Perhaps, the last supper was a drag brunch.
Communion Liturgy: Drag Brunch
The Divine among us be within you.
And also within you.
We lift our spirits to the Divine’s shine.
We lift our light to meet the Divine’s brightness.
We fill ourselves with gratitude.
We embody an abundance of gratefulness.
On the night Jesus was unjustly arrested by the systemic structures of oppression and hatred, even as he saw the moment approaching, he chose to gather friends and share a meal.
He wanted celebration to be a part of his memory.
He longed for an abundance of love to carry him into life eternal.
Letting his friends know where and when to join him, he gathered wine and bread at the biggest table he could find.
As they came together, the table elongated,
Until all of the faces he loved were present––
Until all presentations of the Divine’s image in gender/agender, sexuality/asexuality expressions were among them.
In the overflow of love,
In the delight of celebration,
In the wonder of the vastness of humanity,
A drag brunch ensued.
Jesus and his friends gathered to see the kings, queens, and those in drag among them,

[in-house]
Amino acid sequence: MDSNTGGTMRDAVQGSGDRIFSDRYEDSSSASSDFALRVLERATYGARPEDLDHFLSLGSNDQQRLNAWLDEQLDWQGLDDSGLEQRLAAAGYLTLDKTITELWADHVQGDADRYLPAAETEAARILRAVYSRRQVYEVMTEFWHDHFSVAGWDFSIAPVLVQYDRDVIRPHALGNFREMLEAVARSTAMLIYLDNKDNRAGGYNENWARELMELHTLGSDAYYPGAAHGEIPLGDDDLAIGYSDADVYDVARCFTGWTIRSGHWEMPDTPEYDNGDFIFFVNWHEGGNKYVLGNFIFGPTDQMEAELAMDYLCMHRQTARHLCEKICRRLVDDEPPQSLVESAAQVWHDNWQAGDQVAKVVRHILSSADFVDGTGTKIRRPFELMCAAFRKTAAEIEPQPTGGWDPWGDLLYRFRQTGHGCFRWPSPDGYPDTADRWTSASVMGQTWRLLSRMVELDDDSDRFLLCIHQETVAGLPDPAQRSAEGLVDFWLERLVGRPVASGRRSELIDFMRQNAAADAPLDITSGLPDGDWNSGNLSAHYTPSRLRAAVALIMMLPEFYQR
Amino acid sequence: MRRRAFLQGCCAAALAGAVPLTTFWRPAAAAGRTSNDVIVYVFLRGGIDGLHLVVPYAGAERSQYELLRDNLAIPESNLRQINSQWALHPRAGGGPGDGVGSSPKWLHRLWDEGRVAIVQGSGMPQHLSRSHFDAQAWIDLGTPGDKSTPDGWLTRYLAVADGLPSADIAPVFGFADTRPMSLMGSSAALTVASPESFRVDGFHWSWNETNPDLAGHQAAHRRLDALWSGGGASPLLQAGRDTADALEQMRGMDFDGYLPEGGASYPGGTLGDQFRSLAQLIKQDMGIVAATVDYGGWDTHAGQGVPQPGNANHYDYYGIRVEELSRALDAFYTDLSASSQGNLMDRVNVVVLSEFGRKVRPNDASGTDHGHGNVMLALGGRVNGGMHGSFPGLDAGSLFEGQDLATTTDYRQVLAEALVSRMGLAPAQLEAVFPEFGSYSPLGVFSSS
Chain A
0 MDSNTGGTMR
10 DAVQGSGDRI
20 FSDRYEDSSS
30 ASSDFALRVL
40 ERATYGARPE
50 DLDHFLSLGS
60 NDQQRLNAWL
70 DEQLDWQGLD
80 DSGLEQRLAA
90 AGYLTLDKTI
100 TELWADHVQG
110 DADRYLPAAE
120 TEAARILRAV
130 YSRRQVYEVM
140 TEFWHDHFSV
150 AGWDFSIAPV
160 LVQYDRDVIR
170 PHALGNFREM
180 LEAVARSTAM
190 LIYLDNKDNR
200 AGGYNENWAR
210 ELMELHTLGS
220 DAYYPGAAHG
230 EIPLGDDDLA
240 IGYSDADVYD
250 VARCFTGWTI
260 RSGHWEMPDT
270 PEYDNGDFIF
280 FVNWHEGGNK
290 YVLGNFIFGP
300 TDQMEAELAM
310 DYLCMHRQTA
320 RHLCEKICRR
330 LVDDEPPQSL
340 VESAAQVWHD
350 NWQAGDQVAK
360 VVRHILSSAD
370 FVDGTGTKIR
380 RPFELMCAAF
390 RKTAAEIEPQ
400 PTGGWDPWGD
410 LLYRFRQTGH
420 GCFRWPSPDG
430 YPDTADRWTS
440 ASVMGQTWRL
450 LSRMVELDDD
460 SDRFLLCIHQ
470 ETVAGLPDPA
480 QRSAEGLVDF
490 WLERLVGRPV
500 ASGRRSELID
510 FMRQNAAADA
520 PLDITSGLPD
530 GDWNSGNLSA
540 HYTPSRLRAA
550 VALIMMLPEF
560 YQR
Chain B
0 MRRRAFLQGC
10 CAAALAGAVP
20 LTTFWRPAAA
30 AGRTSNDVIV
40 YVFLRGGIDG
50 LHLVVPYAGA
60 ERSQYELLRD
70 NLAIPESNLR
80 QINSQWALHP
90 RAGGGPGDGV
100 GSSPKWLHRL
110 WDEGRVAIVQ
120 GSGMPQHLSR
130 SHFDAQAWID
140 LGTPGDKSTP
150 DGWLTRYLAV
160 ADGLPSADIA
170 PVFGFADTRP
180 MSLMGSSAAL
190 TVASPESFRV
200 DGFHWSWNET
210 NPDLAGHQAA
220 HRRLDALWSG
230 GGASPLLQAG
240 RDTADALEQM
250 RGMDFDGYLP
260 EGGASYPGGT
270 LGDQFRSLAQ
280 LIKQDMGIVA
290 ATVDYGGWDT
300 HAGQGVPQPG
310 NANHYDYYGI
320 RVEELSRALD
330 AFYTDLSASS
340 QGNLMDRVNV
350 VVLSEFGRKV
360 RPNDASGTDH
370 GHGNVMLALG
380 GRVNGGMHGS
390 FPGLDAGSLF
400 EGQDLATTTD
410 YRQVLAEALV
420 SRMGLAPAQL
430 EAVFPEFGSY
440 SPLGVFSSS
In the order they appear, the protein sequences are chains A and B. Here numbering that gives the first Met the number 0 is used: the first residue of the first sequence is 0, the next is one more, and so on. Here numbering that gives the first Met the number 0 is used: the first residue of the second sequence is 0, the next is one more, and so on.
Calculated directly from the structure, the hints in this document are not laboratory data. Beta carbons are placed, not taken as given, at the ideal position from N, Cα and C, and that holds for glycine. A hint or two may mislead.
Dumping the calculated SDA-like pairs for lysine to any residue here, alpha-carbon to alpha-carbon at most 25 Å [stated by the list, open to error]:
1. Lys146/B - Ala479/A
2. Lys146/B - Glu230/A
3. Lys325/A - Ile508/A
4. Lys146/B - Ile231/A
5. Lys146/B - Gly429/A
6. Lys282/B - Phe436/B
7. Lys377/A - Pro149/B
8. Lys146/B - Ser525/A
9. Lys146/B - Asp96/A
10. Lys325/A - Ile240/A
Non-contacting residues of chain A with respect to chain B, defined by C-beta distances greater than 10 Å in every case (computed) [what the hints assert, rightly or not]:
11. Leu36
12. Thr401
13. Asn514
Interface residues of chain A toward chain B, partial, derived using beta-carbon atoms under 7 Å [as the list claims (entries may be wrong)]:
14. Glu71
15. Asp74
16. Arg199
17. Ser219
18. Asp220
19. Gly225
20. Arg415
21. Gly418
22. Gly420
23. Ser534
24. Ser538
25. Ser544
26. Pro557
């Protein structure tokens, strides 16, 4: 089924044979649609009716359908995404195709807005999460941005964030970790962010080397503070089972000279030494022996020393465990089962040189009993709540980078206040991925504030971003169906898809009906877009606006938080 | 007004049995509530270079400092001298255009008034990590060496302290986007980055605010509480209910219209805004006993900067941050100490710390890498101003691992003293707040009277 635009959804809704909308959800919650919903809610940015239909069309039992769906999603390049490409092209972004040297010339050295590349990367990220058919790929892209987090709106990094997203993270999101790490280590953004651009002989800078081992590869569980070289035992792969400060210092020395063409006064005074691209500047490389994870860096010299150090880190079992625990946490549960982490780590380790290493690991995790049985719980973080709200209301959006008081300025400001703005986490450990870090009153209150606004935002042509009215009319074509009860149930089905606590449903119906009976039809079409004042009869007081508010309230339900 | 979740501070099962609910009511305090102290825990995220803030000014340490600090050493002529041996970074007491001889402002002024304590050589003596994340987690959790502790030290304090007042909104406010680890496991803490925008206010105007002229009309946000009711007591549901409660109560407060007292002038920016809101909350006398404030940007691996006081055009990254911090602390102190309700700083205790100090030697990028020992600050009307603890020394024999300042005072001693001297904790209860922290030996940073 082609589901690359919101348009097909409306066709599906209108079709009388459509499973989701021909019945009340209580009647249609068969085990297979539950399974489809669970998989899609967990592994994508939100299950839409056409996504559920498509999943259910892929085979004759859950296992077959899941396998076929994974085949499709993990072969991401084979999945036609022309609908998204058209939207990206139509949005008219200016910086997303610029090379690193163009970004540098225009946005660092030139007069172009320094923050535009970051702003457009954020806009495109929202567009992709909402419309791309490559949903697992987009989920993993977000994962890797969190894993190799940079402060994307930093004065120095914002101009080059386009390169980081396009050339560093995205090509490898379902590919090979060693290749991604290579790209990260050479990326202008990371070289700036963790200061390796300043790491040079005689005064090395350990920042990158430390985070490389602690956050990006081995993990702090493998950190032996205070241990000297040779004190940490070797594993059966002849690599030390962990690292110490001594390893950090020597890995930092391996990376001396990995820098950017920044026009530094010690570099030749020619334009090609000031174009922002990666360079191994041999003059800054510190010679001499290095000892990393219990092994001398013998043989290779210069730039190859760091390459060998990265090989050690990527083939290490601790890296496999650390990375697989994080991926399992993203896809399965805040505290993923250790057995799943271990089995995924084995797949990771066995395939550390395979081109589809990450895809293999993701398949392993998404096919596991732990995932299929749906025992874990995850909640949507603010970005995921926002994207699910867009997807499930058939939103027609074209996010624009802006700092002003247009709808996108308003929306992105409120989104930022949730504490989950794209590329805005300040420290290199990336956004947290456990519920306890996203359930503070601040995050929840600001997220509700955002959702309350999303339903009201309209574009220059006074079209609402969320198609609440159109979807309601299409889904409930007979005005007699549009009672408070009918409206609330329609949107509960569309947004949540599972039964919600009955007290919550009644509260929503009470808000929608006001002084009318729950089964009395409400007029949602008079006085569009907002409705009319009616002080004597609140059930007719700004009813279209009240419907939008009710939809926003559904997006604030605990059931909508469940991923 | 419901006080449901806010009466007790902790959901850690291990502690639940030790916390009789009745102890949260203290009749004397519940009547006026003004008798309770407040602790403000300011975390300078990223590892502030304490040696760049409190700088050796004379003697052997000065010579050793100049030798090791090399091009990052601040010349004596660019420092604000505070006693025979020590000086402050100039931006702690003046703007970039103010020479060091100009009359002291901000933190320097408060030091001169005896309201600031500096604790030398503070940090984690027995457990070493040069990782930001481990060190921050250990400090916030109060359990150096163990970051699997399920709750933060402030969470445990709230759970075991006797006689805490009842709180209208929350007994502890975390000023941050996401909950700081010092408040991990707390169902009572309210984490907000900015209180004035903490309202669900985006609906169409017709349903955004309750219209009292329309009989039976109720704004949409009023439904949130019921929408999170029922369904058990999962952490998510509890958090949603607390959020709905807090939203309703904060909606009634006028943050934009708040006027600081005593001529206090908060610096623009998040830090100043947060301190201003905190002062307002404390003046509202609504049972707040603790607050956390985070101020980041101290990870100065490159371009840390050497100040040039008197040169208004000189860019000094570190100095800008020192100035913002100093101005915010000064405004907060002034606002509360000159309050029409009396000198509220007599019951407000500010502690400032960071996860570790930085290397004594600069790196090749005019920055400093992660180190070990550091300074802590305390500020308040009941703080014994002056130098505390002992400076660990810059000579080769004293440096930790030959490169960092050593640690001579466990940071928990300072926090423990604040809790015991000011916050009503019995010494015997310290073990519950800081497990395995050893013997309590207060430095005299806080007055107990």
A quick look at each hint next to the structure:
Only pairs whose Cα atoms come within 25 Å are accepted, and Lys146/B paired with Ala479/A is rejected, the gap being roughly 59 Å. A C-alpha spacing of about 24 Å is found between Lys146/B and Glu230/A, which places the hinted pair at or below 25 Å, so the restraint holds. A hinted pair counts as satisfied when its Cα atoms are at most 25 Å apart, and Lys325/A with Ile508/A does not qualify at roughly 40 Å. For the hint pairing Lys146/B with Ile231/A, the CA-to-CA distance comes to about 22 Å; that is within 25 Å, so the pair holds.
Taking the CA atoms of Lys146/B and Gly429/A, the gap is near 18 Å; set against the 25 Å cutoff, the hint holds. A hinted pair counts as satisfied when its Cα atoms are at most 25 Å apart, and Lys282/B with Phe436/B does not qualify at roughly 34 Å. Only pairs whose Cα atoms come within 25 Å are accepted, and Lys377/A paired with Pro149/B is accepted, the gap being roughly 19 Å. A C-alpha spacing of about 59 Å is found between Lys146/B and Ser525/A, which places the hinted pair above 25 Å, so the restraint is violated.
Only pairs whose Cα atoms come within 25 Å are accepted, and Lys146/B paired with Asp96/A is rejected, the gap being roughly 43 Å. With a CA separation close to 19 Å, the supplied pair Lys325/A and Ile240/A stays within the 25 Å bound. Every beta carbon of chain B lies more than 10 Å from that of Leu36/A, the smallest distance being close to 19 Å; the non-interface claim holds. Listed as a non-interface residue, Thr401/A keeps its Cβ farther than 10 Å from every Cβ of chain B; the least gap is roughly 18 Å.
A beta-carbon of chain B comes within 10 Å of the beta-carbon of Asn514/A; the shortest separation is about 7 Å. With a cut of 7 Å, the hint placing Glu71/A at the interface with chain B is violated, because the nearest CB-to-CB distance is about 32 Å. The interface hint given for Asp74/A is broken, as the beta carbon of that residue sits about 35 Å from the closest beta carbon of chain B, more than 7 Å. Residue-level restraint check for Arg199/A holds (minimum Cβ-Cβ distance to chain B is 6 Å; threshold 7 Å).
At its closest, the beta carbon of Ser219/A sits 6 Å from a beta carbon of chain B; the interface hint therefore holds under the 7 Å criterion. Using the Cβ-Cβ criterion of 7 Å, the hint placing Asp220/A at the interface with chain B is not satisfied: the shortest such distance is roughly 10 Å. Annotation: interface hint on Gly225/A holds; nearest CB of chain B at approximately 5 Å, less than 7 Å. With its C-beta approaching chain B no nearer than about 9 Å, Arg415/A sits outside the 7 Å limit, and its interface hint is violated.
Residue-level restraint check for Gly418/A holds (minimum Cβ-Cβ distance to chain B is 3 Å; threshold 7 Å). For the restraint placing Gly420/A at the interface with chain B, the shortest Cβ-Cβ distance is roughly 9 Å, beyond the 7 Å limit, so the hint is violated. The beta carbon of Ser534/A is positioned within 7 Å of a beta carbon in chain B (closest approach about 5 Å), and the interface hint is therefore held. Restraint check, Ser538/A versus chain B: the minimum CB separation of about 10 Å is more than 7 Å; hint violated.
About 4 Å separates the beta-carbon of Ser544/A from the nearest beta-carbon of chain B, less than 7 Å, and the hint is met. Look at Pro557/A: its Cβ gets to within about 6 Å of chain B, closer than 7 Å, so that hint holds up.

Fawning and fanning themselves as they glided around the room,
Dancing, singing, and storytelling in their most bold expressions of self,
Most fantastic reflections of the Divine.
In the joy of gathering,
Exhilaration of life,
Pleasure of extravagance,
And the deep peace of togetherness,
Jesus sat delighted to be among his friends,
Jesus sat pleased with his chosen company.
Then, John, Jesus’ beloved, leapt up from his seat to go behind the curtain and prepare to join the show.
Upon emerging in drag, she leaned over and whispered in the ear of Jesus,
“I’ve always wanted to do this.”
Jesus smiled, as if seeing his most beloved come fully alive for the first time.